If you've been reading The Tennessean this week, you might be afraid to come to downtown Nashville or might think we have lost the shine of an "It" city. I respectfully take issue with the article by Sandy Mazza dated July 27, 2023: "'Time for a refresh': Even Nashville tourists think downtown's vibe is off". In short, safety concerns and irritating panhandlers have some wondering if we can sustain the commercial success we have achieved in recent years.
The current election for mayor and council in Metro Nashville (which I encourage all Davidson County readers, fans, and followers of Cloud Nine Higher to participate in) brings attention to those who want to focus on the residents and not the tourists. The recent debate on whether to build a new stadium for the Tennessee Titans (for no good reason) revived sentiment that we are spending money on entertainment venues that should be redirected to schools, streets, and other local priorities in other areas of town.
But I think much of what concerns people can be solved by some common sense. Criticizing Lower Broadway has become more popular in our local culture and on the local news, but many of the critics don't seem to personally come downtown.
The bottom line is this: If you don't want to be here, you don't have to be here. There are many other awesome parts of Nashville that I don't have time to visit. No one really has to come downtown for anything if one wishes not to do so.
I am out downtown many times a week and say that common sense is that you keep your eyes open and watch your smartphone, wallet, purse, and other personal effects. Police are present and visible, especially on weekends. The Nashville Downtown Partnership has slipped in recent years in no longer providing no-cost parking options for the local workforce and in letting the infrastructure of the courthouse parking garage fall into disrepair.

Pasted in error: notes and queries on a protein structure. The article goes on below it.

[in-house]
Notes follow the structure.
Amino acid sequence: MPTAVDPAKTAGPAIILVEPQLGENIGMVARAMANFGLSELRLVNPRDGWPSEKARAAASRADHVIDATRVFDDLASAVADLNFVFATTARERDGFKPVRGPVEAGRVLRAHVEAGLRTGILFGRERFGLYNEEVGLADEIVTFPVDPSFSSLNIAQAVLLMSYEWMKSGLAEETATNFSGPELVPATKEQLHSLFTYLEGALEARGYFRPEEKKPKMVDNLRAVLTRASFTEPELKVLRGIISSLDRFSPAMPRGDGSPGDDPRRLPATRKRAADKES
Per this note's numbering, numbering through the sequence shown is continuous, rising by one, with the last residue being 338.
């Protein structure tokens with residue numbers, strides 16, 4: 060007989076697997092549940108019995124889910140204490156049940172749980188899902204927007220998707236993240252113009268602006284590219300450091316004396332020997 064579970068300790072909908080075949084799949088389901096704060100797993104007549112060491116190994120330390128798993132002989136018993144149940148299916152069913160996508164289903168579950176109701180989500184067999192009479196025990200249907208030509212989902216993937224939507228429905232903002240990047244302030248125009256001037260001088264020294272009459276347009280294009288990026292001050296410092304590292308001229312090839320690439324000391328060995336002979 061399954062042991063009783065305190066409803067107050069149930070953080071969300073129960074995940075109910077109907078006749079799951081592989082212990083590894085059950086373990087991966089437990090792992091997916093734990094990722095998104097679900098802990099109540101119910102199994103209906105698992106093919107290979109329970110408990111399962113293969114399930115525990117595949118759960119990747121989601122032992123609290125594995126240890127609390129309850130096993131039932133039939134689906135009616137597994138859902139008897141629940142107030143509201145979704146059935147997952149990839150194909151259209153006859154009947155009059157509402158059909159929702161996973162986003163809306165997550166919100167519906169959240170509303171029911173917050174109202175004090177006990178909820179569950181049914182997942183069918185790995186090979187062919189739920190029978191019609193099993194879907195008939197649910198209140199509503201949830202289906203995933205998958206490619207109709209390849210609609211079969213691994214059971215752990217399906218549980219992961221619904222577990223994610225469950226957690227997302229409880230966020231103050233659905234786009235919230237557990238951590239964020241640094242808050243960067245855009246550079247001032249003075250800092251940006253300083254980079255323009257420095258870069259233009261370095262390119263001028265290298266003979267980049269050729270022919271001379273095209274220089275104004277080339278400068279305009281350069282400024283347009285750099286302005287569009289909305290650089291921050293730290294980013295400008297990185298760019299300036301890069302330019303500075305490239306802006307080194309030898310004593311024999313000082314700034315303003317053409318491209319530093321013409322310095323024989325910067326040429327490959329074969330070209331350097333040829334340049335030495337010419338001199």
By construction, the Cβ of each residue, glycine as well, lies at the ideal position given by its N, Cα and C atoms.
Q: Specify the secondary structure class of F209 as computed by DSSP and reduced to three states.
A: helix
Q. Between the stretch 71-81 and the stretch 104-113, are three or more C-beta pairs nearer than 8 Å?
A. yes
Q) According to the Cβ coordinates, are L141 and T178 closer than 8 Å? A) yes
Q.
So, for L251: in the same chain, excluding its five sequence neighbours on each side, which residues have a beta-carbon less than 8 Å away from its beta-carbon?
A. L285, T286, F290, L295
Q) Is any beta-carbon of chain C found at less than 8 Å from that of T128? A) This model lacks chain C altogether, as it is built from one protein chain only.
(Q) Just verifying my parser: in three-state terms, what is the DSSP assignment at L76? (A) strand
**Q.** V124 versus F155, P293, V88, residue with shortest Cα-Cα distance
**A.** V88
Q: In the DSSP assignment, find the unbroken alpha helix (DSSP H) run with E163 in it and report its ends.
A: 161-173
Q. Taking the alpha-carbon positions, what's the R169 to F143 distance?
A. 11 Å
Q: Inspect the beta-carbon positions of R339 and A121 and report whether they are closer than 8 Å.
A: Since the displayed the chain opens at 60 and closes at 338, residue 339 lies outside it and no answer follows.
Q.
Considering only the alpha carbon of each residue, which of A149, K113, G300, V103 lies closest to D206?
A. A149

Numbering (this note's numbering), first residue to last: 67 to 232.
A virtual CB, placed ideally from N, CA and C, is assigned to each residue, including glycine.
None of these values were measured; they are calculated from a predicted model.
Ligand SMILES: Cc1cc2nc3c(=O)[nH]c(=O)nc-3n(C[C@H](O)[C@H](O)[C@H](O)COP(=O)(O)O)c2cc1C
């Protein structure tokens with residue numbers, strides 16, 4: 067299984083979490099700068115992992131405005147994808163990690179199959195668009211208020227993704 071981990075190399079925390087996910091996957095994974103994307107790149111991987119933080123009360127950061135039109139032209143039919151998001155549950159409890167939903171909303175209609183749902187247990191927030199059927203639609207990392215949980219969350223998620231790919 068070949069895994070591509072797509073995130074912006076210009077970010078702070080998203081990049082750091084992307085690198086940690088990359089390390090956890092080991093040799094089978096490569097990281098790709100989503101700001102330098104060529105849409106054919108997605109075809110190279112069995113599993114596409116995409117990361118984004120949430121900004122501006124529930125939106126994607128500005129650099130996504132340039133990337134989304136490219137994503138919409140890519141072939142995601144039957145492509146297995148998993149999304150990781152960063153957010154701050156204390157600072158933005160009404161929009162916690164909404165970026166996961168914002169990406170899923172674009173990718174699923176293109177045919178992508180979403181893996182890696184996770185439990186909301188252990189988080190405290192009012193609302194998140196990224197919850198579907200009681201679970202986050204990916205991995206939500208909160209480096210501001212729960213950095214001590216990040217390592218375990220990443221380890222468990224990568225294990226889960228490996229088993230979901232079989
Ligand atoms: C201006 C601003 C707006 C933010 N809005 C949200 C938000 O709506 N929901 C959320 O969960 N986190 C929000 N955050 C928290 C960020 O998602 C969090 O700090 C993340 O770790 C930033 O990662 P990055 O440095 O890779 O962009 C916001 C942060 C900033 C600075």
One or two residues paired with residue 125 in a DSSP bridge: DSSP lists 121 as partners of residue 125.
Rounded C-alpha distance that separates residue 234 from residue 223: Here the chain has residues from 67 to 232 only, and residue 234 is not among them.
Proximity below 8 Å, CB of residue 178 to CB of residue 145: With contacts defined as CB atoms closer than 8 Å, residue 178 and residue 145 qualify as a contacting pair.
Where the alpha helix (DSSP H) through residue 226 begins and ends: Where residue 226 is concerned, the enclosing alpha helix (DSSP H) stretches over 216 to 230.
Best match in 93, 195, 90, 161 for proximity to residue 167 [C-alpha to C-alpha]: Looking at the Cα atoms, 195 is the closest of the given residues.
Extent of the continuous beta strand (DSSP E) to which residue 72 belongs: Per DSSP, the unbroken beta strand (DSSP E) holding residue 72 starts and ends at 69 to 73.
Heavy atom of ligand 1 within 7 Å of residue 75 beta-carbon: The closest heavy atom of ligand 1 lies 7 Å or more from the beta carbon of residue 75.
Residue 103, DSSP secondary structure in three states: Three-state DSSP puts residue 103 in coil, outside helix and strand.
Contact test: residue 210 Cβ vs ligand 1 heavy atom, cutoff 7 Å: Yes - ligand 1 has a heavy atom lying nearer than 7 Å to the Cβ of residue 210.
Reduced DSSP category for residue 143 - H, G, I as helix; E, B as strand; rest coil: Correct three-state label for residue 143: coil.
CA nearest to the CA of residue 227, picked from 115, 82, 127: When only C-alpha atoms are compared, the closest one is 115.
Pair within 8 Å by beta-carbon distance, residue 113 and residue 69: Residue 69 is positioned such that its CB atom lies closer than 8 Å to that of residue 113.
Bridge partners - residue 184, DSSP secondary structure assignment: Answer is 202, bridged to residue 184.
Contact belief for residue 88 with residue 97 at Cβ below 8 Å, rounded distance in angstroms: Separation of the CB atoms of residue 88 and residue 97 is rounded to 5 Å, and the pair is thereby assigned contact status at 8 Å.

However, the partnership is still active in keeping downtown clean and safe and at least working toward solving the panhandling problem (which is not an easy problem to solve). Workers wearing bright yellow polo shirts are prominent and seen often.
Don't give money to panhandlers. If people stop giving money to panhandlers, it helps stop the panhandling problem. Buy The Contributor street newspaper, but take the paper and treat the transaction as a sale, even if you don't intend to read the paper. The Contributor is a great route for homeless individuals to slowly become upwardly mobile in life. The vendors seek to build their lives, not to continue begging.
People still love to come to Nashville. On paper, we may actually not have as many attractions as some cities. But we have many great events throughout the year that bring people in, and the Honky Tonks still have the greatest musicians in the world (to coin a phrase often used by former mayor Karl Dean).
One of the leading candidates for mayor, Freddie O'Connell, currently represents downtown Nashville on the Metro Council. Regardless of who the next mayor is, there is room for improvement.
There is also a lot to be proud of.
James A. Rose, Publisher